One thing I have observed through practicing minimalism is the concept that anything in excess can be harmful, even our favorite things. Too much socializing, and we neglect our own quiet reflection. Too many possessions and we lose time managing them. Too much food and we feel sluggish and heavy. Too much exercise and we feel depleted and fatigued.
This concept of excess can apply not only to quantity, but also to singular pursuits. How often have I neglected strength training in my singular pursuit of running? Surely both would complement my overall goal of a healthy body, yet often I tend to focus only on my primary interest.
How often have I focused on decluttering to the point of neglecting the activities or personal relationships I want to add into my life?
This is a mistake. As humans, we are not meant to do, enjoy, or have just one thing. Our complex minds and bodies thrive on the stimulation and adaptation that comes from exposing ourselves to variety. A problem arises when we confuse the pursuit of variety with the promotion of excess.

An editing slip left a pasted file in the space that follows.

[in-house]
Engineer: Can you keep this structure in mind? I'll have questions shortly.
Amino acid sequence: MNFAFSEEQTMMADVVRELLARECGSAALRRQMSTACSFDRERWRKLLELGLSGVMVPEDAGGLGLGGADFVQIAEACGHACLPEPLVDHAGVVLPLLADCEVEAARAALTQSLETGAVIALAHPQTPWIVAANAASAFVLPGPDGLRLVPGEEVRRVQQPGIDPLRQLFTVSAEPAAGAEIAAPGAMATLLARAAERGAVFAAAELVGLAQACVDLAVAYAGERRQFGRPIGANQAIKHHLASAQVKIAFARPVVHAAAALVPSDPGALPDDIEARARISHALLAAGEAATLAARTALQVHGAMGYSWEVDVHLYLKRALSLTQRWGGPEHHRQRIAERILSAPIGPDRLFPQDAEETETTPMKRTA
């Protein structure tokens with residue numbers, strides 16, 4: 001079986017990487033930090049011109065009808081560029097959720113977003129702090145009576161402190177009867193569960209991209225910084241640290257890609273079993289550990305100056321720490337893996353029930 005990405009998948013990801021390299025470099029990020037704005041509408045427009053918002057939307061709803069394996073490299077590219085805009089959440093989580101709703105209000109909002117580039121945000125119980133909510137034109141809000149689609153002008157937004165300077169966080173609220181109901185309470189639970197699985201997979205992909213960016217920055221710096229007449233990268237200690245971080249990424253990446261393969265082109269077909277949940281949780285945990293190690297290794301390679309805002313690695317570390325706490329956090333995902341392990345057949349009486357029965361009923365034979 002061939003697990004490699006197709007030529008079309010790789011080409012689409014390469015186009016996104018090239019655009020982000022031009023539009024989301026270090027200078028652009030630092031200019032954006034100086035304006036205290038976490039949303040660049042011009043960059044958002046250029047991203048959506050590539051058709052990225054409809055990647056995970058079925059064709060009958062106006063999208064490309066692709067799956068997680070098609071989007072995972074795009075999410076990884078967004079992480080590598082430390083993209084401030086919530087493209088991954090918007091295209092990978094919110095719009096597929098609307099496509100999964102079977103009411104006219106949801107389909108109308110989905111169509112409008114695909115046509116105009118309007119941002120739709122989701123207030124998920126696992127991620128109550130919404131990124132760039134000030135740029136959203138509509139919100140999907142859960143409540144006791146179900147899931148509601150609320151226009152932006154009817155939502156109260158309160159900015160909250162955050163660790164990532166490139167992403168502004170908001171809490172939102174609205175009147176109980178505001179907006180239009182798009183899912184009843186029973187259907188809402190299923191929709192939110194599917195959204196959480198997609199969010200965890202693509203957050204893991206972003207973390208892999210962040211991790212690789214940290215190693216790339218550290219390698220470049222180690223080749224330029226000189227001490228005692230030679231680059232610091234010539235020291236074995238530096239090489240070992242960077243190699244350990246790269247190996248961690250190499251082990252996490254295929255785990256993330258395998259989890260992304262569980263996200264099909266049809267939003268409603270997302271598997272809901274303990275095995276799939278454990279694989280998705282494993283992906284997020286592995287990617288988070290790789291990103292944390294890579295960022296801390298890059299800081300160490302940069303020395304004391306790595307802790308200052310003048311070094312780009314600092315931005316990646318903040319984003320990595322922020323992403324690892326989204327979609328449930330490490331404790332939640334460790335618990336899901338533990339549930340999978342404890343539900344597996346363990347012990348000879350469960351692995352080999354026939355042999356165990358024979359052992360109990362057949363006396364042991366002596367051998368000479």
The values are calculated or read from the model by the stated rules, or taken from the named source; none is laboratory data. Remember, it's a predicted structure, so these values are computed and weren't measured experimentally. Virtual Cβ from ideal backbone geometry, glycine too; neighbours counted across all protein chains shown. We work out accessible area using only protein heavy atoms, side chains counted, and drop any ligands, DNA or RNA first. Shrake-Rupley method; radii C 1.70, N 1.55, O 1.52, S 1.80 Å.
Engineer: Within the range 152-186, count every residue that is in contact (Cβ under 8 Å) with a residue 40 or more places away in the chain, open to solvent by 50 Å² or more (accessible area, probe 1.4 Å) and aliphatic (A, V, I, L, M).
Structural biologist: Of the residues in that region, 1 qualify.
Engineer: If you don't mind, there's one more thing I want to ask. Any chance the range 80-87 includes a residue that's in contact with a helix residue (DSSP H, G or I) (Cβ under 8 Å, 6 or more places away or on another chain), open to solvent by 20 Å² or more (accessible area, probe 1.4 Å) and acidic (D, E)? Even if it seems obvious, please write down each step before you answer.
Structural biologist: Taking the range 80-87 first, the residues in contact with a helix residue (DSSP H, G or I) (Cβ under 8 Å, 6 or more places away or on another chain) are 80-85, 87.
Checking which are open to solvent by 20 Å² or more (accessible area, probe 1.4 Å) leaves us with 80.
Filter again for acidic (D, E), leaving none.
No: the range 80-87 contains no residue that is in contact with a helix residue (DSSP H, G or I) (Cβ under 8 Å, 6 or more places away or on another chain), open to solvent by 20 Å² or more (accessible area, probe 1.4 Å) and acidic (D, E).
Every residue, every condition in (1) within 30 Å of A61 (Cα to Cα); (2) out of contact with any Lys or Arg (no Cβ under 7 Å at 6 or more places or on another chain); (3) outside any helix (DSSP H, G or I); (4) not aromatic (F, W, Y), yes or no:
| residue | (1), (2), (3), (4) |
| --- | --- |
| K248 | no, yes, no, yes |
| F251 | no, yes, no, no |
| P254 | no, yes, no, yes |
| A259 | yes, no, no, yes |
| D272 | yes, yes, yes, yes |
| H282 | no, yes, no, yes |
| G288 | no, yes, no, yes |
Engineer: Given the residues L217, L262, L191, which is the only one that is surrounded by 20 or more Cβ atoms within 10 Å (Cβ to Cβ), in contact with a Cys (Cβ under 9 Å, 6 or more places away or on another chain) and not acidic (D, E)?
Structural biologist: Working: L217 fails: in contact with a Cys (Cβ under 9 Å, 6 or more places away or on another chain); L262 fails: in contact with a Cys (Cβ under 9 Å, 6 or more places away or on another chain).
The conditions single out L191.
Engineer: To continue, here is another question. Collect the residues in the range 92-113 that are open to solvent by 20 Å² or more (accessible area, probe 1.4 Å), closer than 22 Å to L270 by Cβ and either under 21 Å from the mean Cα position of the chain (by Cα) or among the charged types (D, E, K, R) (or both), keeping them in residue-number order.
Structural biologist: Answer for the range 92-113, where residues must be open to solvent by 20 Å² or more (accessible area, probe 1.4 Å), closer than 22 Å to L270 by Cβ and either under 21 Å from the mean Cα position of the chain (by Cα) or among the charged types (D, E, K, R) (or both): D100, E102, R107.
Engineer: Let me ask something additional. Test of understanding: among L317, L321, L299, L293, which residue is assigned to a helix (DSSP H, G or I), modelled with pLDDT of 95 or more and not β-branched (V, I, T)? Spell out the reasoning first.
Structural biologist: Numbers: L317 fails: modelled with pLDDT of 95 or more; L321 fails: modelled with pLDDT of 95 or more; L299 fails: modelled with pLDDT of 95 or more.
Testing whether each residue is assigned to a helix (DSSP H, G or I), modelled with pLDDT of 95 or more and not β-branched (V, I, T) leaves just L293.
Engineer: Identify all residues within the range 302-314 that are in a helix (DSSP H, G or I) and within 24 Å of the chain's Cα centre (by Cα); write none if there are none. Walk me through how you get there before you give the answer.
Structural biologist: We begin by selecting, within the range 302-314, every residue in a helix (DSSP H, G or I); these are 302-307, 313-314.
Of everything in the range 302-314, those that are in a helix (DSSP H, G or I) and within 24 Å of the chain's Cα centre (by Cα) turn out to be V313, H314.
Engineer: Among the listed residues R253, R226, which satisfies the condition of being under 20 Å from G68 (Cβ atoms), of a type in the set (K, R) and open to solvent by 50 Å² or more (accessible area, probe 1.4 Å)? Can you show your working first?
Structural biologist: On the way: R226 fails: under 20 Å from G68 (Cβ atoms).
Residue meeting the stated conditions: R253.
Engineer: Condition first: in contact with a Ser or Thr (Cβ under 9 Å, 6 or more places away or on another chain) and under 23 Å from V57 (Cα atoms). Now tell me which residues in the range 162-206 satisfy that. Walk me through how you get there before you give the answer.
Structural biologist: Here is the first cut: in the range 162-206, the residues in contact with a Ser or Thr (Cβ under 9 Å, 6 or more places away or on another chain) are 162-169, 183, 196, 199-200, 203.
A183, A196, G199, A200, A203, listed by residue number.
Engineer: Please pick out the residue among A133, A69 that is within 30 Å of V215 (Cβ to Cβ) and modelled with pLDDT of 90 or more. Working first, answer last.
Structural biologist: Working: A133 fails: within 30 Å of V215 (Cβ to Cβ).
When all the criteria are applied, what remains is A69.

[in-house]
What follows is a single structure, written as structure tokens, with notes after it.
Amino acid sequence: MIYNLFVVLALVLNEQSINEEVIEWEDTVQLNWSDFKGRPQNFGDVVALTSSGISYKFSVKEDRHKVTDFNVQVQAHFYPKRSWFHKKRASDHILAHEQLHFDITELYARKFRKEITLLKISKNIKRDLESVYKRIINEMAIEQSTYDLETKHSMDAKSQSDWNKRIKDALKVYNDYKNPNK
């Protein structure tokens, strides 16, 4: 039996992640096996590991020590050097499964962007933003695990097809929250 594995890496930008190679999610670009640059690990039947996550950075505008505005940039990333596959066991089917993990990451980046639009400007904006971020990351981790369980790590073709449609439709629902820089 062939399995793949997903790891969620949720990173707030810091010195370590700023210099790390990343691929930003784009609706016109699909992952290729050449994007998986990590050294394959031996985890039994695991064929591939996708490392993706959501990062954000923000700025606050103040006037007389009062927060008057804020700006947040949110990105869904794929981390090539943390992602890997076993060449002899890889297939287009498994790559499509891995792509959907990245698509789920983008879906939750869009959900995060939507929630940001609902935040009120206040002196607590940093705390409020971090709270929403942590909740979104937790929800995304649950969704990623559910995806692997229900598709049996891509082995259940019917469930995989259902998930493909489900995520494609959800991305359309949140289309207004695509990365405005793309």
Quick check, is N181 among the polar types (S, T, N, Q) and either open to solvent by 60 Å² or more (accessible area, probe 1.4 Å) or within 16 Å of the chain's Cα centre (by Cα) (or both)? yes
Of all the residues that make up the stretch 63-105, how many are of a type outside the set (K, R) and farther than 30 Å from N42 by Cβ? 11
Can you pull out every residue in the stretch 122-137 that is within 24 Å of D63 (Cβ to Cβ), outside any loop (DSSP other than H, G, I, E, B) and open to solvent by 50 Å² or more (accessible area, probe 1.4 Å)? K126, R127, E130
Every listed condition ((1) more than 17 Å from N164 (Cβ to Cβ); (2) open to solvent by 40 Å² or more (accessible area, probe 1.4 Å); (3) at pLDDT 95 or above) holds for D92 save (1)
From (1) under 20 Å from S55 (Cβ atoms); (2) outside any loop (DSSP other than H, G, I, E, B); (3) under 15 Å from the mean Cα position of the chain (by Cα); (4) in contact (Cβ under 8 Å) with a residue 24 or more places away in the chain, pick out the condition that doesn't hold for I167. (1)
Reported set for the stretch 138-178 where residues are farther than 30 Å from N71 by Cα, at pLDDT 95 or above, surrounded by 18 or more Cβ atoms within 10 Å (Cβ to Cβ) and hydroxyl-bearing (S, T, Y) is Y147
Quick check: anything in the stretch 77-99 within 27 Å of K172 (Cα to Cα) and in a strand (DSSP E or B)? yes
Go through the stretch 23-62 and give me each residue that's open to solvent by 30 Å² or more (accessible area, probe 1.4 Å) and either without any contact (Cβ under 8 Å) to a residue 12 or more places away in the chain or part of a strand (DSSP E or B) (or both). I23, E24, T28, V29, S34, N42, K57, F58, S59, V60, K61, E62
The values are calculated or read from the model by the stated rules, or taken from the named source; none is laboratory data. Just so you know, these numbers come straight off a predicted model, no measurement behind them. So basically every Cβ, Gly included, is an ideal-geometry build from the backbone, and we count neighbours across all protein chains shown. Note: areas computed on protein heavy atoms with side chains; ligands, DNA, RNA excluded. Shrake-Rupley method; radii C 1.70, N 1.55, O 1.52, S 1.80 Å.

As an aspiring minimalist, I value removing excess distractions from my life, but I often find myself leaning too far towards singular pursuits. Surely minimalism is not dogma which forbids variety. Rather, minimalism should be the lightness and freedom to pursue variety. Only then will we understand what we value most.